How even the most disciplined practices botch claim submissions and what they can do about it
Claims get rejected, and it doesn’t matter how thorough and experienced your billing staff is.
It still happens.
But practices themselves don’t always have personal responsibility for when the claim submission process fails. Even if they do everything right, practices will still encounter rejections from time to time, and, unfortunately, will still be on the hook to collect payment or face a loss in revenue. The reasons why this happens vary, and some of the most common examples are as follows:
Loss or revision of the patient’s insurance plan
If patients either lose or change their insurance plans, the claim will result in a rejection by the payer. This can be particularly tricky since this kind of rejection can even occur if practices do everything correctly on their ends. Patients aren’t always aware of any updates to their insurance that might affect the outcome of the claim, and might not be able to give providers adequate notice.
The problem can be exacerbated by payer response times. Insurance can take as long as 30 days to inform the practice the claim was rejected, narrowing the window to correct any problems and resubmit the claim.
Non-compliance with ICD-10 standards
Claims get rejected when diagnostic or procedural codes are either missing, incomplete, invalid, inconsistent, or do not correspond with the services provided in accordance with ICD-10 standards. This was a significant challenge for many practices during the ICD-10 compliance deadline of 2015, and even now for some it still is.
For some practices, the problem stems from conflating language in DSM-5 with ICD-10 standards. Because of the long-standing similarities between DSM-5 and the old ICD-9 standards, many industry veterans grew accustomed to thinking about billing through the lens of diagnostic language and not necessarily through the codes with which they were affiliated. It worked before when there was consistency, but there are real discrepancies now, particularly regarding PTSD and schizophrenia.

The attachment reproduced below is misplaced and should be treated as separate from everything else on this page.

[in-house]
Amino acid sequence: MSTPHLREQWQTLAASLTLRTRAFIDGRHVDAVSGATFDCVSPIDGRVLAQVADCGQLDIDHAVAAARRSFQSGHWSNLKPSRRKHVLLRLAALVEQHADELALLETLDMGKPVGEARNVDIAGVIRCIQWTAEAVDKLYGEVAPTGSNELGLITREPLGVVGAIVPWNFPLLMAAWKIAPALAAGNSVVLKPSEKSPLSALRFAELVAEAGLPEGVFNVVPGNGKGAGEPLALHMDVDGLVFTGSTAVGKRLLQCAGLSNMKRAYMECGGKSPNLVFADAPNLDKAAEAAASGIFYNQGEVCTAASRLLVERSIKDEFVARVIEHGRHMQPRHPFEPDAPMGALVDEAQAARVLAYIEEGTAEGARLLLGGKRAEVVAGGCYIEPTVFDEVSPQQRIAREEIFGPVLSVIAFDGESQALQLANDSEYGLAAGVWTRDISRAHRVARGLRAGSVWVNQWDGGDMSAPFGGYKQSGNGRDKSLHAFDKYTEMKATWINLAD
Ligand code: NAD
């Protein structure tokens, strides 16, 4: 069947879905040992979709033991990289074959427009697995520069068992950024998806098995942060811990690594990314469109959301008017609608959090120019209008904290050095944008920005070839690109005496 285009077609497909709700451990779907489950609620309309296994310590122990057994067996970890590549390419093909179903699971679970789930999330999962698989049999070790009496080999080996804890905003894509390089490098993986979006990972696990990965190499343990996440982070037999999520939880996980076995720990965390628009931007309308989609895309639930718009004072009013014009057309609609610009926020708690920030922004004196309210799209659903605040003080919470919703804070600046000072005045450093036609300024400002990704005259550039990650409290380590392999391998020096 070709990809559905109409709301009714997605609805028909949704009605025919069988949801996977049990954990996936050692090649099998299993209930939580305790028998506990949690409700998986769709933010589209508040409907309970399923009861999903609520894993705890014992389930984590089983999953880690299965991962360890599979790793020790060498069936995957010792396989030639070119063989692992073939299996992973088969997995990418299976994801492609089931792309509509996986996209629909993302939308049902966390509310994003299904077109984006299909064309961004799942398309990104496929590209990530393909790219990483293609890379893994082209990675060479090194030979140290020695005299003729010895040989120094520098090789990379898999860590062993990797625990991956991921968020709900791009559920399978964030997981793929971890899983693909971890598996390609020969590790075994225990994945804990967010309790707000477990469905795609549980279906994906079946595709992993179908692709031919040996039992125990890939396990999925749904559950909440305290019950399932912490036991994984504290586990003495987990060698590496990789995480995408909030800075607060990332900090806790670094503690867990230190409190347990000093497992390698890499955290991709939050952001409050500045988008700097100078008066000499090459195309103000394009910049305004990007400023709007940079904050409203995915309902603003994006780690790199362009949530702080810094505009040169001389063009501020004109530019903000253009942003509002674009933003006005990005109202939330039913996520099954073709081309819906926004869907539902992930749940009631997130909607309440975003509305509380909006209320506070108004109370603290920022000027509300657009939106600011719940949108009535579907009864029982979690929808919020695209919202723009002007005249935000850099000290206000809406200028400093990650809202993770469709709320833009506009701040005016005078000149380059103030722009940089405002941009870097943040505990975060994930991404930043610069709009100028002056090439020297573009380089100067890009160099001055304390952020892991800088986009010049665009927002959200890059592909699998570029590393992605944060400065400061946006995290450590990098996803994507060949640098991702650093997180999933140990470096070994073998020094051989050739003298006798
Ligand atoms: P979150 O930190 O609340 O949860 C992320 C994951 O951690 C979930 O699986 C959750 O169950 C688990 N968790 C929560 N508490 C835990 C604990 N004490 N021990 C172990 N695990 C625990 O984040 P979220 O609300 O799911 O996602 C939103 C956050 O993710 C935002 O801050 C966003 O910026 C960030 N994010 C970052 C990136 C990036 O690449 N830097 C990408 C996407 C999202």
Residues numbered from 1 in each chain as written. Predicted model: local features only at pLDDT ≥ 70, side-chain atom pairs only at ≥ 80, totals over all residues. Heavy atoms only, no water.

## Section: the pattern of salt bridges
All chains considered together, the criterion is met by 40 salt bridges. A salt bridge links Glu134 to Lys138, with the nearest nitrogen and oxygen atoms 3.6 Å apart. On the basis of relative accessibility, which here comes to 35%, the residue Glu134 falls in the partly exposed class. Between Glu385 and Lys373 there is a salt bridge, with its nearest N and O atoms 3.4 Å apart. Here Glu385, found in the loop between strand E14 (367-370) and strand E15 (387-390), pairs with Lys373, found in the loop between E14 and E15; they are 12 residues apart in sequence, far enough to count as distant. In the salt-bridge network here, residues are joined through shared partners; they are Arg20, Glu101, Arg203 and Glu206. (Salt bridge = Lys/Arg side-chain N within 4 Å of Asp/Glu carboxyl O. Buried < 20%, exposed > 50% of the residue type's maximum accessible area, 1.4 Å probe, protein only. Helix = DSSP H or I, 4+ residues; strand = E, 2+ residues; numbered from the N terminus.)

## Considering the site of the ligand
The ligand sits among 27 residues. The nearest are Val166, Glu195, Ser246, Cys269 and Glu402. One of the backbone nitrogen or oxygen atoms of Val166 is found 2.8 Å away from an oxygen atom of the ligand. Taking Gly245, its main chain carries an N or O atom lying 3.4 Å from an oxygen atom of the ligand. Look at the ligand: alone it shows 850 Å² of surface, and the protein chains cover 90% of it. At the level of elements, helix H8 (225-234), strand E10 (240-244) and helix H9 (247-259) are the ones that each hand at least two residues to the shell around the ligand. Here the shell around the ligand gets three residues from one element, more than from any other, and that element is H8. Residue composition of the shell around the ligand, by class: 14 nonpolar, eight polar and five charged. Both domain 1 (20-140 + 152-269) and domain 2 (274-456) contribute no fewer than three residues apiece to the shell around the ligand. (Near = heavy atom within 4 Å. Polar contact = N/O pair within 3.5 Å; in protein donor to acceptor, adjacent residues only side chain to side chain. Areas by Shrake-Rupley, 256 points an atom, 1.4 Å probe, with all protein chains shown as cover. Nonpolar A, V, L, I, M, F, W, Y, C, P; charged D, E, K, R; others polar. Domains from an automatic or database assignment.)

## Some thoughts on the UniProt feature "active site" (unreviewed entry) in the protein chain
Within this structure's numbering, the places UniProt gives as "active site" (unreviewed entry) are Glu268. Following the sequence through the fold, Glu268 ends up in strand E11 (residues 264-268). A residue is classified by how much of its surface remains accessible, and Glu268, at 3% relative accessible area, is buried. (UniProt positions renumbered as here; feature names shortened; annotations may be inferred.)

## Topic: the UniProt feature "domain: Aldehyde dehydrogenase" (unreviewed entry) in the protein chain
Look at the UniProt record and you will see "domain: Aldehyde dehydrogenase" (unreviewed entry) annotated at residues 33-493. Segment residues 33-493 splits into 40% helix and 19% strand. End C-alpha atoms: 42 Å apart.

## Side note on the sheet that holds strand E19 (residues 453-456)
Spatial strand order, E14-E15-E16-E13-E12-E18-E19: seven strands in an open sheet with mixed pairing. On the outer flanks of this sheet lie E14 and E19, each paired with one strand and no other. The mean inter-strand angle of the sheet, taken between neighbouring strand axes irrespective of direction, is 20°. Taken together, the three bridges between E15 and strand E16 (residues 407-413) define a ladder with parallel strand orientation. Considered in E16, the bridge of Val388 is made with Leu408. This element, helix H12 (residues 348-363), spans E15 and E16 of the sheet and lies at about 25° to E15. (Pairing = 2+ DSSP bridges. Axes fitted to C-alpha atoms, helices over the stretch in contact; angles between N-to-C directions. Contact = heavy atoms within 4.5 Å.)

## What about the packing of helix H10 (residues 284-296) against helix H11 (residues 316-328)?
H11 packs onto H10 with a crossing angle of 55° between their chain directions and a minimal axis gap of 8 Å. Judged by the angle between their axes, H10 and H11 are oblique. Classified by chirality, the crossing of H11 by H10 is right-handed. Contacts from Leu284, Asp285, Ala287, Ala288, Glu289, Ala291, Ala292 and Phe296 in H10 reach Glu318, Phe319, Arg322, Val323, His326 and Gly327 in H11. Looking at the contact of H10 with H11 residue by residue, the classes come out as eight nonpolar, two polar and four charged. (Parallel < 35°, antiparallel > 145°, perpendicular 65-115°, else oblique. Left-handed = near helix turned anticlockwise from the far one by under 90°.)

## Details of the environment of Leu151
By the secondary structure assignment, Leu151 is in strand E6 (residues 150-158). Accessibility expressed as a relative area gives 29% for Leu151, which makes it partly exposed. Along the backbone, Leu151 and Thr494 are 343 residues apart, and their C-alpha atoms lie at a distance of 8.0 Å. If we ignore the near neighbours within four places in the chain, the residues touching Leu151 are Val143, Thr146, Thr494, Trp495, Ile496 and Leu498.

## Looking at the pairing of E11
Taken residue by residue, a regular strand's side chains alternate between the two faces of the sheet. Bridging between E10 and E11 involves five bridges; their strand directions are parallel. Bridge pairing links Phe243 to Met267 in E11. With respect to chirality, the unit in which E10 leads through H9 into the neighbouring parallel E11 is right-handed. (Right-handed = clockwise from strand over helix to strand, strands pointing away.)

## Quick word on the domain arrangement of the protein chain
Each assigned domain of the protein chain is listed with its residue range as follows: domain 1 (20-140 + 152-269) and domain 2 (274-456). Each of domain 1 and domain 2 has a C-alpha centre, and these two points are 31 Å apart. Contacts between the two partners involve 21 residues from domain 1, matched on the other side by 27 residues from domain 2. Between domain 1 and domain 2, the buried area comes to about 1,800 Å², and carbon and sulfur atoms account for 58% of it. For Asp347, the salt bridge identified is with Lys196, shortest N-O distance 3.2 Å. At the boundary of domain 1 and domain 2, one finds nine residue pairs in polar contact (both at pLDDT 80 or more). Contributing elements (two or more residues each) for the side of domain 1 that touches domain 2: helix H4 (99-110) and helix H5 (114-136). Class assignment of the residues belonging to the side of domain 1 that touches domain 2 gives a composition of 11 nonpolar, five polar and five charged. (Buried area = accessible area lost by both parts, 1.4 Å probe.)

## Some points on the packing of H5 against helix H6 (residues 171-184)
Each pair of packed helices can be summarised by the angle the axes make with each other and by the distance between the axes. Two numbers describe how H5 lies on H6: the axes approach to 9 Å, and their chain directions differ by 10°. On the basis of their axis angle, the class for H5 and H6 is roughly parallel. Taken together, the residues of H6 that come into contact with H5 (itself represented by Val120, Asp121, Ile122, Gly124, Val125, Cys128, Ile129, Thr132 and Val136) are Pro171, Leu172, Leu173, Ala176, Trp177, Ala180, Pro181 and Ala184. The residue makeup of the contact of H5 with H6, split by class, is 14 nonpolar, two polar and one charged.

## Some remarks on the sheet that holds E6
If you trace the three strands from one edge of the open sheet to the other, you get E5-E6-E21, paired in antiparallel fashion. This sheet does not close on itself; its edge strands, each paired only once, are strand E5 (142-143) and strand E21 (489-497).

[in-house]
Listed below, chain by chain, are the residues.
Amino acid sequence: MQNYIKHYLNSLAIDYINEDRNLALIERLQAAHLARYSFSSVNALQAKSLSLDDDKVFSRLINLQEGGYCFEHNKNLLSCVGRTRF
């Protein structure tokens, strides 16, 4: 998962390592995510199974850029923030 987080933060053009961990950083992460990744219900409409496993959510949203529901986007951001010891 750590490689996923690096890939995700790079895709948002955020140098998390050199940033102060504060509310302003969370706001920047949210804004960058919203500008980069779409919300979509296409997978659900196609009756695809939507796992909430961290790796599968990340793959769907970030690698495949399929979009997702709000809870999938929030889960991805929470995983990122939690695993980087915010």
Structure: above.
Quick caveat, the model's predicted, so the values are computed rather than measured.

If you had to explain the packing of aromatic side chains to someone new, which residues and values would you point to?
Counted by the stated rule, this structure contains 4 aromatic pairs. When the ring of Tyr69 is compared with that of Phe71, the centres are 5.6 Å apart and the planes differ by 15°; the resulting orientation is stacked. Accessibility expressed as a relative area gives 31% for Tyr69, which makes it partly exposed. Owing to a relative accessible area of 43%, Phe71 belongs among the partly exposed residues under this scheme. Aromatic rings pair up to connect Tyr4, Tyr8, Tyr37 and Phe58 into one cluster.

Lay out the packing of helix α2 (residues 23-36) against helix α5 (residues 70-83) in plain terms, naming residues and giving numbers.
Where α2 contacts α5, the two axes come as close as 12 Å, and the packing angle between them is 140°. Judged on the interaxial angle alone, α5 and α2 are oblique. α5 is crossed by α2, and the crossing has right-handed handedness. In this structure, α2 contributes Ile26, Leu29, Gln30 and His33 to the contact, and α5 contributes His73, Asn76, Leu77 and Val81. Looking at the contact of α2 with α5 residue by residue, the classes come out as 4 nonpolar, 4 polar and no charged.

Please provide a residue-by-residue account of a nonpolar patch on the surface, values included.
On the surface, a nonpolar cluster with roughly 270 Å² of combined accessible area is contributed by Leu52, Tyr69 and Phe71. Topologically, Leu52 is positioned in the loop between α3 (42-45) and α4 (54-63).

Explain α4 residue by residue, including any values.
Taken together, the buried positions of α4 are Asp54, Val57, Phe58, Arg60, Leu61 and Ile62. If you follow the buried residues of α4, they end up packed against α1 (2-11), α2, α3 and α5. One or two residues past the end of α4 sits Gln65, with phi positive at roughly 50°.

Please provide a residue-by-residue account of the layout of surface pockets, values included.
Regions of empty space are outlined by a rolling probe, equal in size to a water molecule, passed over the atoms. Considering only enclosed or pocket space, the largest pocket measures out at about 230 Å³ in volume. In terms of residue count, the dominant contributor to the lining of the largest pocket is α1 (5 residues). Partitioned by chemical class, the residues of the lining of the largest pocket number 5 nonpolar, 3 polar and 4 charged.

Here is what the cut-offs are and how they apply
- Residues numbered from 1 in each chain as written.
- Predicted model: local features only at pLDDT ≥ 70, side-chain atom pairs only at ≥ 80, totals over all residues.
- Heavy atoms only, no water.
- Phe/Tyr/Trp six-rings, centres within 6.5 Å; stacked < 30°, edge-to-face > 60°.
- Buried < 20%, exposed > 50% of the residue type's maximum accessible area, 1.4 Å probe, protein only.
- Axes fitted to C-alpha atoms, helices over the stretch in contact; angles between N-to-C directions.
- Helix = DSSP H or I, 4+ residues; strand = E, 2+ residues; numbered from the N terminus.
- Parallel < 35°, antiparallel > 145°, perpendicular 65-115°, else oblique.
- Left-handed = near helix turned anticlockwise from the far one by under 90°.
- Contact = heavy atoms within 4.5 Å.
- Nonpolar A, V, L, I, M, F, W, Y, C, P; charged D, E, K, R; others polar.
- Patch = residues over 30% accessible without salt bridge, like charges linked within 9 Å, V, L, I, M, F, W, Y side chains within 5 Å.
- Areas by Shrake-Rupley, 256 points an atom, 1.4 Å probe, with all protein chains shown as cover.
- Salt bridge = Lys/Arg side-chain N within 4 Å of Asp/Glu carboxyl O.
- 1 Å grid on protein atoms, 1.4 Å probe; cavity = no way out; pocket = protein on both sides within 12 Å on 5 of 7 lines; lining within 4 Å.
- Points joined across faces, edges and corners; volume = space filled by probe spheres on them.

Check out Valant’s ICD-10 Crosswalk of the top 20 most commonly used diagnostic codes by clicking here.
The claim expired
When they are filed too long after the date of service, claims get rejected. For many insurance companies, the submission window is around 60-90 days. This may seem like a generous and predictable timeline, but where practices go wrong is failing to factor in the possibility of making corrections and resubmissions part-way through the claims process. Practices should always make every effort to file in a timely manner and keep the process moving as best they can.
Exceeded authorized sessions
Depending on the insurance provider and the nature of the services provided, there may be a pre-authorized limit of how many sessions will be covered. There may also be additional rules against providing more than one service of the same type per day. Any services provided outside the established insurance rules will run the risk of being non-covered.
The good news is a lot of risk can be mitigated by using technology as leverage. EHR software can be used to reduce human error and automate several aspects of the billing process. In particular, users can check patient eligibility electronically, track pending transactions, create fee schedules for the various providers at the practice, and in general standardize data and code entry, resulting in smoother, more efficient workflows and fewer rejections.
Even the best-intentioned practices will have their claims get rejected every so often, but those that can leverage EHR technology will have the highest rates of success and realize significant returns over time.